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Washington Ballet's new-classic 'Romeo and Juliet'

Gian Carlo Perez (Romeo), Rinat Imaev (Friar Lawrence), EunWon Lee (Juliet) in Romeo and Juliet, Washington Ballet
(photo by Gene Schiavone)

If Julie Kent's first season leading Washington Ballet reached its apogee with a poetic Giselle, this season has surpassed it with a revival of John Cranko's choreography of Romeo and Juliet. Kent addressed the audience just before the curtain went up, recalling her own performances as a young dancer in this work with the Joffrey Ballet. Made in 1962 for Stuttgart Ballet, this version hews close to Prokofiev's music, without the changes to that gorgeous score and the anti-aristocratic distortions of the Soviet version by Leonid Lavrovsky, still being performed by the Mariinsky Ballet.

Thursday night's title pairing was led by EunWon Lee, the brilliant young dancer who came from Korea to dance for Julie Kent. She was flighty and headstrong, defying her domineering parents, putting the proud Paris of Tamás Krizsa in his place, and just beautiful to watch, becoming air-borne en pointe and in lifts in the presence of Romeo, as if on cloud nine. The latter, danced by Gian Carlo Perez, did not quite measure up in grace and beauty, although he was physically an affecting partner. In the supporting cast, the fiery Tybalt of Rolando Sarabia and especially the flippant Mercutio of Andile Ndlovu made the tragic end of the second act one of the highlights of the evening.

Other Reviews:

Sarah L. Kaufman, In “Romeo and Juliet,” the Washington Ballet unleashes a star (Washington Post, February 16)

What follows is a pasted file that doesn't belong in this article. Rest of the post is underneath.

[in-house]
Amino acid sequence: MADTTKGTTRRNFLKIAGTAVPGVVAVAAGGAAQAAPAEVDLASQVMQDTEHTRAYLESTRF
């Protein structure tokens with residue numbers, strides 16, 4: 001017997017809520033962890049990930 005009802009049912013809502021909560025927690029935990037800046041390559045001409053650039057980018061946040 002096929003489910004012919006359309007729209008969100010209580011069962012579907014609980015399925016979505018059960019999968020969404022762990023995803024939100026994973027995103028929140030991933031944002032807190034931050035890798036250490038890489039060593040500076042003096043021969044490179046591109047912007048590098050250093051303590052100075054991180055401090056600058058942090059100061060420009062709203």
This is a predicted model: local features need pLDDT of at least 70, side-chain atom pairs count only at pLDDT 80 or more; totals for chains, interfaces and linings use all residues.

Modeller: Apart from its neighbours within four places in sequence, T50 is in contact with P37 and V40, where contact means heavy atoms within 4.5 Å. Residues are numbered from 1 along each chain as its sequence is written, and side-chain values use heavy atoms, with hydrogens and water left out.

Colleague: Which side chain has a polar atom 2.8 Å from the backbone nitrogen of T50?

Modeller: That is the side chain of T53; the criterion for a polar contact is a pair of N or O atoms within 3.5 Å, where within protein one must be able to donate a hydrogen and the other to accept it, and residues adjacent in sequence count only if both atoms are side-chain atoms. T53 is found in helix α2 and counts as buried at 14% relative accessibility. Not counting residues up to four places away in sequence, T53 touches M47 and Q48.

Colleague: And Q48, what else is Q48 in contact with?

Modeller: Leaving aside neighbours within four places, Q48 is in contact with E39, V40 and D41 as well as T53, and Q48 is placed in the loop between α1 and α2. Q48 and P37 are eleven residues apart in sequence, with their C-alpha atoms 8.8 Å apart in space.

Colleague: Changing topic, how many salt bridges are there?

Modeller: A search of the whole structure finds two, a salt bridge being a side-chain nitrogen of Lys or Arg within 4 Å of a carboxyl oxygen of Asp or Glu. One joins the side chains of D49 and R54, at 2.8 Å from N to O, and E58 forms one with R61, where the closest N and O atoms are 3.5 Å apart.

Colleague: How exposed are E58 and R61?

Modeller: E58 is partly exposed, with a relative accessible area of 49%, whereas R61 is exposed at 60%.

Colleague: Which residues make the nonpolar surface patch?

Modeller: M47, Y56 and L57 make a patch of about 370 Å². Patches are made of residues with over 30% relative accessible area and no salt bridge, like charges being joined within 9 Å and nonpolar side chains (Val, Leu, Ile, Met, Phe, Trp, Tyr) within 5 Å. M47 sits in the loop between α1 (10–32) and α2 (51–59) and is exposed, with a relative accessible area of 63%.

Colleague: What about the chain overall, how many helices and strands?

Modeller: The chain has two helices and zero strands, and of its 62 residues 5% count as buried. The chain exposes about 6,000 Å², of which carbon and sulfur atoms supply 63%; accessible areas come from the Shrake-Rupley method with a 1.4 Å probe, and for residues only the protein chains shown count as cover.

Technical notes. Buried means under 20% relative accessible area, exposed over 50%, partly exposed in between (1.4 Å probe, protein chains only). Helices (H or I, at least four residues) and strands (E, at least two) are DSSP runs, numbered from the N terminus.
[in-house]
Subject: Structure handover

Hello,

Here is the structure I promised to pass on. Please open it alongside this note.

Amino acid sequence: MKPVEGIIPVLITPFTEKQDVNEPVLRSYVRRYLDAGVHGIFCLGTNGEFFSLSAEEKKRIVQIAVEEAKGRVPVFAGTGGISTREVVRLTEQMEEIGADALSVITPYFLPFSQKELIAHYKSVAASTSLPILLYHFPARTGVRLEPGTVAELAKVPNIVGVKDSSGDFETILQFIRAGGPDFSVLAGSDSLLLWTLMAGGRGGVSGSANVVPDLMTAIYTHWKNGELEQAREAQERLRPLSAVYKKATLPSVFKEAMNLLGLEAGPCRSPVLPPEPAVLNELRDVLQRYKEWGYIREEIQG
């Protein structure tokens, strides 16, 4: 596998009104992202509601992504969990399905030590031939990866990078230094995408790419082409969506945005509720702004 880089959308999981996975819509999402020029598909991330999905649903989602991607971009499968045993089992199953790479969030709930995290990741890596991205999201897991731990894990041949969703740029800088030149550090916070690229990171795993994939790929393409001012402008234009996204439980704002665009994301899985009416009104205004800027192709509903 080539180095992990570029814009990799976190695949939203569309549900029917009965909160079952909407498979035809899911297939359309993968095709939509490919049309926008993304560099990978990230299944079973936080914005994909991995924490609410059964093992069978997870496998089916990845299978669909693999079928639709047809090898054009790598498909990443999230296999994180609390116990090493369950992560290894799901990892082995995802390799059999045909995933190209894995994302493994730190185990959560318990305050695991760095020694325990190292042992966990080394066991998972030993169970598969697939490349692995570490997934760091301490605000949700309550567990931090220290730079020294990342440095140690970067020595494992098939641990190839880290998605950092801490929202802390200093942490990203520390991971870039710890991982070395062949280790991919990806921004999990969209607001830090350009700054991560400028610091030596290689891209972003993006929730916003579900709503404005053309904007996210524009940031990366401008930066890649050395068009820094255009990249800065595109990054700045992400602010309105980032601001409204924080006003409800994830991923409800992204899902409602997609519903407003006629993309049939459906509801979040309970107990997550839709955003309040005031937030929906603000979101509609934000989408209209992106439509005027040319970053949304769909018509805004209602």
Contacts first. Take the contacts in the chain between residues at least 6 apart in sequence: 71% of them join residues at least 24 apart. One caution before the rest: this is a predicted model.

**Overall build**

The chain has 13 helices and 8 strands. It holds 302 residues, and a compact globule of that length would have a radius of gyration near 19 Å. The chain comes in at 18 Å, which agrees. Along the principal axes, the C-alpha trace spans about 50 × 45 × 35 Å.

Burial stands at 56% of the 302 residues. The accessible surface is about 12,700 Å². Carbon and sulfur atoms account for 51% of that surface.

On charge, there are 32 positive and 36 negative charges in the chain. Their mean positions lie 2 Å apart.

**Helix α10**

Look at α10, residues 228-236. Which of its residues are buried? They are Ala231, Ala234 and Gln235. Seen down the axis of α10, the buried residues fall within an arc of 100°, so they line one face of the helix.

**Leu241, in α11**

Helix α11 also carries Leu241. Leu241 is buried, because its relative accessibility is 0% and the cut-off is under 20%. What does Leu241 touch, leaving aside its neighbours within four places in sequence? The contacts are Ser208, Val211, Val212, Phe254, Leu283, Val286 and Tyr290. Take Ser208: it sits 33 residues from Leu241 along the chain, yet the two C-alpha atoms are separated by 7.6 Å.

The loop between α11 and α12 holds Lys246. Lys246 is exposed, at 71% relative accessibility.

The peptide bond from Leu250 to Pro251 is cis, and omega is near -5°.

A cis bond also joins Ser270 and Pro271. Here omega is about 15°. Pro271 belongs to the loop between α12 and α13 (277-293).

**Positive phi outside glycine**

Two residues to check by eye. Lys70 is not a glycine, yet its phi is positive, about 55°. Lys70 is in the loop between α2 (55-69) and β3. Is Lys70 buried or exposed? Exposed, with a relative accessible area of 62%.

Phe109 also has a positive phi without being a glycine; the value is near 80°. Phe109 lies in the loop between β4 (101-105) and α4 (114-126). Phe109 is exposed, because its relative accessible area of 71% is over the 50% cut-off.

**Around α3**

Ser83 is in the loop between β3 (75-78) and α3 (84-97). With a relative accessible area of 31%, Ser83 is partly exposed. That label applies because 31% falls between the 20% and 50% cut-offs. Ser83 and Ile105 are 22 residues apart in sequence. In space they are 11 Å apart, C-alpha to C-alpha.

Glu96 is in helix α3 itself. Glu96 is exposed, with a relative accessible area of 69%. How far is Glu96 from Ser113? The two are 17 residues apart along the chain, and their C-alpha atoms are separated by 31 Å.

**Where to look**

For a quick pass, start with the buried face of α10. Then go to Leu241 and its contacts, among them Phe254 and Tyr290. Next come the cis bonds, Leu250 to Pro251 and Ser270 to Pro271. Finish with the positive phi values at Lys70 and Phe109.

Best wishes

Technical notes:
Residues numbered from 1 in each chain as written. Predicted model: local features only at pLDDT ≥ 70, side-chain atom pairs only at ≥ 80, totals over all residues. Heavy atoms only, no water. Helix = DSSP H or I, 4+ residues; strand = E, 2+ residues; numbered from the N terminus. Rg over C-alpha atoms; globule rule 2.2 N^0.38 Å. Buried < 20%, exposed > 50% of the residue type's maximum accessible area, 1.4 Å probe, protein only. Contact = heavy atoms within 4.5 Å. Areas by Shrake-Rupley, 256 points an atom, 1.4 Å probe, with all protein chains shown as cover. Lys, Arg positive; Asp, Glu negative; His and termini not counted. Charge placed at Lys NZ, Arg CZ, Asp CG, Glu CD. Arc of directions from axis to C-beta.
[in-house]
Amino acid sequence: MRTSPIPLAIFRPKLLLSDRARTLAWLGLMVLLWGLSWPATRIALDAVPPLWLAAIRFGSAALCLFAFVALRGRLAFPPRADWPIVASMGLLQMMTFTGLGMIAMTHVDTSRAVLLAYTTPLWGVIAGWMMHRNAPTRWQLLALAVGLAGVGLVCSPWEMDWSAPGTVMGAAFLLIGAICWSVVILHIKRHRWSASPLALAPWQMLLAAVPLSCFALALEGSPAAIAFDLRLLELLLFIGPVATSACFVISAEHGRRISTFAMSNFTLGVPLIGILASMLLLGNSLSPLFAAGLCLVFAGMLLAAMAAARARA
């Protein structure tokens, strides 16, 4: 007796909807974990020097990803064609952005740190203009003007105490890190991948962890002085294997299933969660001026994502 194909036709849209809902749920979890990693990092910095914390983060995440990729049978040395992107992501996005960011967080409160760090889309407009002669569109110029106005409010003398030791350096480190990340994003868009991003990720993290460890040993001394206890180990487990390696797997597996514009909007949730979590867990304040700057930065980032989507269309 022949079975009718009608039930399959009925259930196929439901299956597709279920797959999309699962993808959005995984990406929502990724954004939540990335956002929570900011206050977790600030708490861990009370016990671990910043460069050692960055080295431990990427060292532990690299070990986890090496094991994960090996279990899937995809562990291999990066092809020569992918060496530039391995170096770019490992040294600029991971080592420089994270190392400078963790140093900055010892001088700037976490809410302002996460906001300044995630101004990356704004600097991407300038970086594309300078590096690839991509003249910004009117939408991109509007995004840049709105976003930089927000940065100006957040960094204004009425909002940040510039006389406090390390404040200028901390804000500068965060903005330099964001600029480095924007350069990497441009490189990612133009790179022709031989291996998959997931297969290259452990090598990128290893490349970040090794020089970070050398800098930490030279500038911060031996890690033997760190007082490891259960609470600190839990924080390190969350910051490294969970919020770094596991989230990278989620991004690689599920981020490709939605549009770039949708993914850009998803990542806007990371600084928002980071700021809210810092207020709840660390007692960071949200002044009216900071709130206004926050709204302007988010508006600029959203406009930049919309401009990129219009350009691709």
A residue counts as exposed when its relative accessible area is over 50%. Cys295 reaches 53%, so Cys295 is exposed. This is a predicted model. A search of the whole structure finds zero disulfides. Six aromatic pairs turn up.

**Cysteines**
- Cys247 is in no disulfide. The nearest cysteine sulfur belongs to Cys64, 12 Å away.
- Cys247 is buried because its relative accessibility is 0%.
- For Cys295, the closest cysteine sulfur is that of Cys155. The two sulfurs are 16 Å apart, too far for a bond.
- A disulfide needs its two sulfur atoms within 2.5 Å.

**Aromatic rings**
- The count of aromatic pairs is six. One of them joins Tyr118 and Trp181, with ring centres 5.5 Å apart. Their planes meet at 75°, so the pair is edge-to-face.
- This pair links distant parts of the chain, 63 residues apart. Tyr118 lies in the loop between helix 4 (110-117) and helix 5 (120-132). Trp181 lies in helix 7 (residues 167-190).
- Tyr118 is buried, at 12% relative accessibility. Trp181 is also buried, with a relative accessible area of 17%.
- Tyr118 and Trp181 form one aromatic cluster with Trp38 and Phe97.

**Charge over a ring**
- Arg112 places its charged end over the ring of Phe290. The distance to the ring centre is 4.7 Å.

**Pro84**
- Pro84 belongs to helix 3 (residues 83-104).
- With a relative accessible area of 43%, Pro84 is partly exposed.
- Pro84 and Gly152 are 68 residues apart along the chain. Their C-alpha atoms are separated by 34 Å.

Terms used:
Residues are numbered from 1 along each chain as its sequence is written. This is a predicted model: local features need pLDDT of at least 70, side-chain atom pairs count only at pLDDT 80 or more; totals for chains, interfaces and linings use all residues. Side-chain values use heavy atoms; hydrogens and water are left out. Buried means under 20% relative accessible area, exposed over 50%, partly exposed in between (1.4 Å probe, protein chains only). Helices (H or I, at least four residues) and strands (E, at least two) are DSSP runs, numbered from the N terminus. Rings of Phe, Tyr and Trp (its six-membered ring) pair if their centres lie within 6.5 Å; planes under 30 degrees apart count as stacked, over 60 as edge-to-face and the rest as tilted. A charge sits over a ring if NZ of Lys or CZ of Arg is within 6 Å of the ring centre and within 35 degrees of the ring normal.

Cranko's choreography, staged here by Jane Bourne and supervised by Reid Anderson, is less rigid and classically oriented than the more familiar Lavrovsky version, but each gesture, movement, and facial expression perfectly aligned the music with emotional and dramatic points. The crowd scenes are particularly fun, as the Act I clash between the two families spread through the entire town, with people throwing brightly colored fruits and vegetables across the stage at each other.

The scenery -- moss-covered stone structures, a moonlit night vista -- and costumes, particularly lavish for the masques in the ball scene, were designed by Susan Benson. Beatrice Affron, music director of Pennsylvania Ballet, led firmly and capably in the pit. The contributions from the renascent Washington Ballet Orchestra varied widely, from strong solos by concertmaster Oleg Rylatko and trumpeter Chris Gekker to less secure examples. The score's exotic sounds were a mix, too, with canned electronic organ, fine tenor saxophone playing, and something rustic and clanging for the numbers with the two mandolins. Although most of the woodwind and brass parts were present, the smallish string sound fell short in the fuller parts of the score. Little matter -- this is the way ballet is supposed to be, with the flexibility of live music unfolding in response to the dancers.

This production runs through February 18 at the Kennedy Center Opera House, with various casts.

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